Reasoning Through Language Arts: Focus on Writing
It's time to use what you learned about reading strategies in Lesson 2 and grammar in Lesson 3 to create an extended response, which is a type of essay. The extended response has a high point value, so you'll want to ace it!
Mathematical Reasoning: Focus on Math Terms and Algebra Basics
In this first of three math lessons, I'll introduce you to the test content and the approved GED® calculator. We'll also review the concept of "order of operations," which tells you what to do and in what order when you have a multi-step problem to solve. More than half the math questions cover algebra topics, so we'll jump right into the language of algebra. By the end of this lesson, you'll be simplifying and evaluating expressions and solving equations and inequalities that have one variable.
Mathematical Reasoning: Focus on Formulas and Dimensions
Lesson 6 applies the algebra you learned in Lesson 5 to formulas and dimensions in geometry. You'll use formulas for perimeter, area, volume, and surface area. These lessons work in real life as well as on the test: By the end of this lesson, you'll know how to figure your gas mileage, the cost per unit and the sale price of an item you're buying, and the area and perimeter of your yard.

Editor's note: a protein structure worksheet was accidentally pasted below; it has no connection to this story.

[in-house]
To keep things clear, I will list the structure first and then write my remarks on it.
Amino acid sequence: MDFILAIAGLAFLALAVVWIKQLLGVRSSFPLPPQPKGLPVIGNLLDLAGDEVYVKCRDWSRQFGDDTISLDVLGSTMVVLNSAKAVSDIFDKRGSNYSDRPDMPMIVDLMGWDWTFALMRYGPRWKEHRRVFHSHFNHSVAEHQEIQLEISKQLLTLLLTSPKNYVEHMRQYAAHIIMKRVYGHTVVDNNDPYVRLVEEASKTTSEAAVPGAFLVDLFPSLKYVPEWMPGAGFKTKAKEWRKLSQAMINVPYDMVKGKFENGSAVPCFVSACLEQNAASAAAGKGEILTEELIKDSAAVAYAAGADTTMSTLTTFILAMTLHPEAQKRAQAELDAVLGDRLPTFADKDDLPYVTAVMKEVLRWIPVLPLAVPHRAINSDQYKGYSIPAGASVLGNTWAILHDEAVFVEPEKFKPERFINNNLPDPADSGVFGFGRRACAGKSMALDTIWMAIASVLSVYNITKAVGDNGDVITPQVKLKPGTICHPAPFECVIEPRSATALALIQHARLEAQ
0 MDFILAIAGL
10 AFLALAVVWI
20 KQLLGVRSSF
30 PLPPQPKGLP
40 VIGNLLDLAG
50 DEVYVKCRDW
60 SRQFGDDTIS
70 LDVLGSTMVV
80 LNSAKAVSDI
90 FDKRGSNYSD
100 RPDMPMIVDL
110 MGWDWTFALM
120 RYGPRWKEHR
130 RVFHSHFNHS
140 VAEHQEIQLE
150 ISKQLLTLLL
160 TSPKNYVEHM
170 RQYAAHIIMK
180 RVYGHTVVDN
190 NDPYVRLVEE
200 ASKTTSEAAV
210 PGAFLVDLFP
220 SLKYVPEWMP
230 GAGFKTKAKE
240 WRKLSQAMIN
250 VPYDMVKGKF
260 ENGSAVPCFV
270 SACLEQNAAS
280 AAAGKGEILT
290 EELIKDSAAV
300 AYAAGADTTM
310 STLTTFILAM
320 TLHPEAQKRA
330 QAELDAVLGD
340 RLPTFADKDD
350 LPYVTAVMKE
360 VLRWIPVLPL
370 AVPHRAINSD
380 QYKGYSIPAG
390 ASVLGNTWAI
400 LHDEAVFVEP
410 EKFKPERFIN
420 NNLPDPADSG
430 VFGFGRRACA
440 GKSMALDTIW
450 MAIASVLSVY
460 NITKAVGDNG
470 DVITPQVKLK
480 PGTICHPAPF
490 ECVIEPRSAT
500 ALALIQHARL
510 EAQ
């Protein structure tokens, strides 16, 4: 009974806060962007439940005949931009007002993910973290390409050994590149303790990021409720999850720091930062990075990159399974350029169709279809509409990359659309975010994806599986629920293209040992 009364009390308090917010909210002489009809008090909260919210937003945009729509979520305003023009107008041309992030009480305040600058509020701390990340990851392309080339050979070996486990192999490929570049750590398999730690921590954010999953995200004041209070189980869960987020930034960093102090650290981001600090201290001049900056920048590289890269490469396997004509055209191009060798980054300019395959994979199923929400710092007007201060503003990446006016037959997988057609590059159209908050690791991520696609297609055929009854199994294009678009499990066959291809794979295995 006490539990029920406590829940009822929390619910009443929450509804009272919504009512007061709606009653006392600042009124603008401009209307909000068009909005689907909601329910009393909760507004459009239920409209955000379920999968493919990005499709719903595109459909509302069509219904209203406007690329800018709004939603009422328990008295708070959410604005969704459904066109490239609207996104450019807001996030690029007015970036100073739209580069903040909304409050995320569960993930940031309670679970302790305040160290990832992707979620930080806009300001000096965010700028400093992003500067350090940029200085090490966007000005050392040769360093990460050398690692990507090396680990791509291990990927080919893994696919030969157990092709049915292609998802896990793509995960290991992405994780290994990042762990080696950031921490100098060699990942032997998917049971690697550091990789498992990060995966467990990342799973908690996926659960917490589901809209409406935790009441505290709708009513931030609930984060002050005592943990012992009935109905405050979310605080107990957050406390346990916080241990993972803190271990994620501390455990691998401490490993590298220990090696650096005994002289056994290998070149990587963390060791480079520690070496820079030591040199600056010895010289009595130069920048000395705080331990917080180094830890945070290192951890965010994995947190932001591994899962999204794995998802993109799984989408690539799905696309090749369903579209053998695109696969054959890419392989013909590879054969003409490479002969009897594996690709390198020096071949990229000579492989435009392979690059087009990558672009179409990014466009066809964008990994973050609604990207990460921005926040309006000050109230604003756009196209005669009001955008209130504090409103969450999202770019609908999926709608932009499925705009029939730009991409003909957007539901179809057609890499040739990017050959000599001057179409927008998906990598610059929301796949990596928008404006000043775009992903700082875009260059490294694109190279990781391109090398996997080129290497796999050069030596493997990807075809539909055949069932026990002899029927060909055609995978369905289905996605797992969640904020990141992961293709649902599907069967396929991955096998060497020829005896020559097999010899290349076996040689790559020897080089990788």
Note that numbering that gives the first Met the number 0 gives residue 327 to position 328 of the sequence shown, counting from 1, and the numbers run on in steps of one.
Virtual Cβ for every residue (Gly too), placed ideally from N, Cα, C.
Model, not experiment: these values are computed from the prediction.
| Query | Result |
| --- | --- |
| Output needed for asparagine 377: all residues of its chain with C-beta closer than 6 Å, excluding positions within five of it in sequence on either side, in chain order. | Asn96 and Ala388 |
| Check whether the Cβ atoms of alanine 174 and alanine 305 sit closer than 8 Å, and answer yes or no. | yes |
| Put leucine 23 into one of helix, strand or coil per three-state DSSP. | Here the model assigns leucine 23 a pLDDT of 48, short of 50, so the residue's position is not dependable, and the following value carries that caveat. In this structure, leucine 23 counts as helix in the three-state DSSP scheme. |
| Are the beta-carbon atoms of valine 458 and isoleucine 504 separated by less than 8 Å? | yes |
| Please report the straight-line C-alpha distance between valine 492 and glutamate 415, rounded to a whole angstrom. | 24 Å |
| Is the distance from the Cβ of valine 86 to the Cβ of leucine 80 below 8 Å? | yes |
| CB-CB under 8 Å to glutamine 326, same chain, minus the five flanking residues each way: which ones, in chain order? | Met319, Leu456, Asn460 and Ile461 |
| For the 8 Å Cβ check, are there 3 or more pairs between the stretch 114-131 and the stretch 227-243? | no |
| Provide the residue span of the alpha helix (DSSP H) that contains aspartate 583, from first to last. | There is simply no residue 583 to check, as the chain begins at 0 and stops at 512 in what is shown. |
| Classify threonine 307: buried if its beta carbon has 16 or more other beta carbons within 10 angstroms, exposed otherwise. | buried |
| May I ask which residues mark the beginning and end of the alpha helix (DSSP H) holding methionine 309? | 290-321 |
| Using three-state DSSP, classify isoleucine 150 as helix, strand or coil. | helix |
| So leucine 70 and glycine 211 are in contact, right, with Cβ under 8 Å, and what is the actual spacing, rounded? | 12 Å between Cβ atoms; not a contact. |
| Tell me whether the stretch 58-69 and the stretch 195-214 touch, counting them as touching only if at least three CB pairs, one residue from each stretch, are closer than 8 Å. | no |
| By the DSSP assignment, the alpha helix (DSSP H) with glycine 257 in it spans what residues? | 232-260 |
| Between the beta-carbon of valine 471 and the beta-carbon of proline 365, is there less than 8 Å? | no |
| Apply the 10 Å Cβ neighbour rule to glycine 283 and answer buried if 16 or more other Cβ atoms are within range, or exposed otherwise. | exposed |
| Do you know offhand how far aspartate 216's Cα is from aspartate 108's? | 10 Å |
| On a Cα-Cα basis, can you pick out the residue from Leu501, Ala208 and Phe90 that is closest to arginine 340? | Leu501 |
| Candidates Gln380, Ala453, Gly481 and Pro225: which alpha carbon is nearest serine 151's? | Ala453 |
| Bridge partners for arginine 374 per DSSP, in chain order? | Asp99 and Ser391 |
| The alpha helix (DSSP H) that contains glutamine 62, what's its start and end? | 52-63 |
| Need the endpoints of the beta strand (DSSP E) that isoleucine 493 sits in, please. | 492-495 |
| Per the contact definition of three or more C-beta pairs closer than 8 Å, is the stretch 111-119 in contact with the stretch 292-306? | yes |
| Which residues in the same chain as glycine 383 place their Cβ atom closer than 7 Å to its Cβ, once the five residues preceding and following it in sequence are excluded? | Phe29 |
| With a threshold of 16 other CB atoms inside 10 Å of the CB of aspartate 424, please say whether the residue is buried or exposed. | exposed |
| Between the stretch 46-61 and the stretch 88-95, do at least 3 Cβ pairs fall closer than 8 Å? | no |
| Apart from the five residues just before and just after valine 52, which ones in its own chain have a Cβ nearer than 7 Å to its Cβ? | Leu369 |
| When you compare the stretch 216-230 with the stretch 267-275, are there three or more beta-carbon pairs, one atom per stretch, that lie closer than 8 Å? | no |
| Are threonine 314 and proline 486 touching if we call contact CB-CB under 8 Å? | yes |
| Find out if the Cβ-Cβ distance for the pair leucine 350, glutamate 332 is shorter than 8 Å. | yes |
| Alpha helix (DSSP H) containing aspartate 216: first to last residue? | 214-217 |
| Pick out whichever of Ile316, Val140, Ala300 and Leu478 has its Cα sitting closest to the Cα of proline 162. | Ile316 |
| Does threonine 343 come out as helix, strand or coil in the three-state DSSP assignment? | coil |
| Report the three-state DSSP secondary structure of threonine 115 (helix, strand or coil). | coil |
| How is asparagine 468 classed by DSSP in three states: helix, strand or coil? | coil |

Mathematical Reasoning: Combining Algebra and Geometry
In this lesson, you'll bring your basic algebra skills to a higher level and combine them with geometry concepts. You'll learn how to plot points, graph lines, and figure out the slope of lines on a coordinate grid. Then you'll factor and solve a quadratic equation. Last, I'll show you how to use tables to solve word problems algebraically. There's a lot going on in this lesson, but I know you're up to the challenge!
Science: Energy and Related Systems
In our first science lesson, we'll tackle the theme of energy and related systems. Besides investigating the cosmos and learning physics laws, we'll practice some math that relates to science. The science test also features two short-answer items, and I'll help you prepare for those.
Science: Human Health and Living Systems
Ever wonder why you have blue eyes and your siblings have brown eyes? Ever watched TV news reports about the effects of hurricanes, tornadoes, or earthquakes? Then you're ready for this science lesson. Today we'll tackle the first science theme: Human Health and Living Systems.
Social Studies: Modern Liberties and Democracy
Understanding your government is an important part of being a good citizen. As you prepare for the social studies test, you'll learn about events that shaped the history and economy of the United States.
Social Studies: Dynamic Responses to Societal Systems
Explore the second social studies theme as you learn to analyze political cartoons, master the basics of economics, and learn more about 20th-century history.
Testing and Beyond
We're almost done with this course! Use the checklists in this lesson to make sure you're ready for the GED® test. You'll also find tips and techniques to make test day less stressful. And we'll talk about your plans for the future, whether that's college or another path.
Barbara Rolston holds a master's degree and has been teaching GED® preparatory classes since 1975 in a variety of settings, including adult schools, community colleges, and large corporations. She also was responsible for administering the GED® exam in a correctional facility for two years.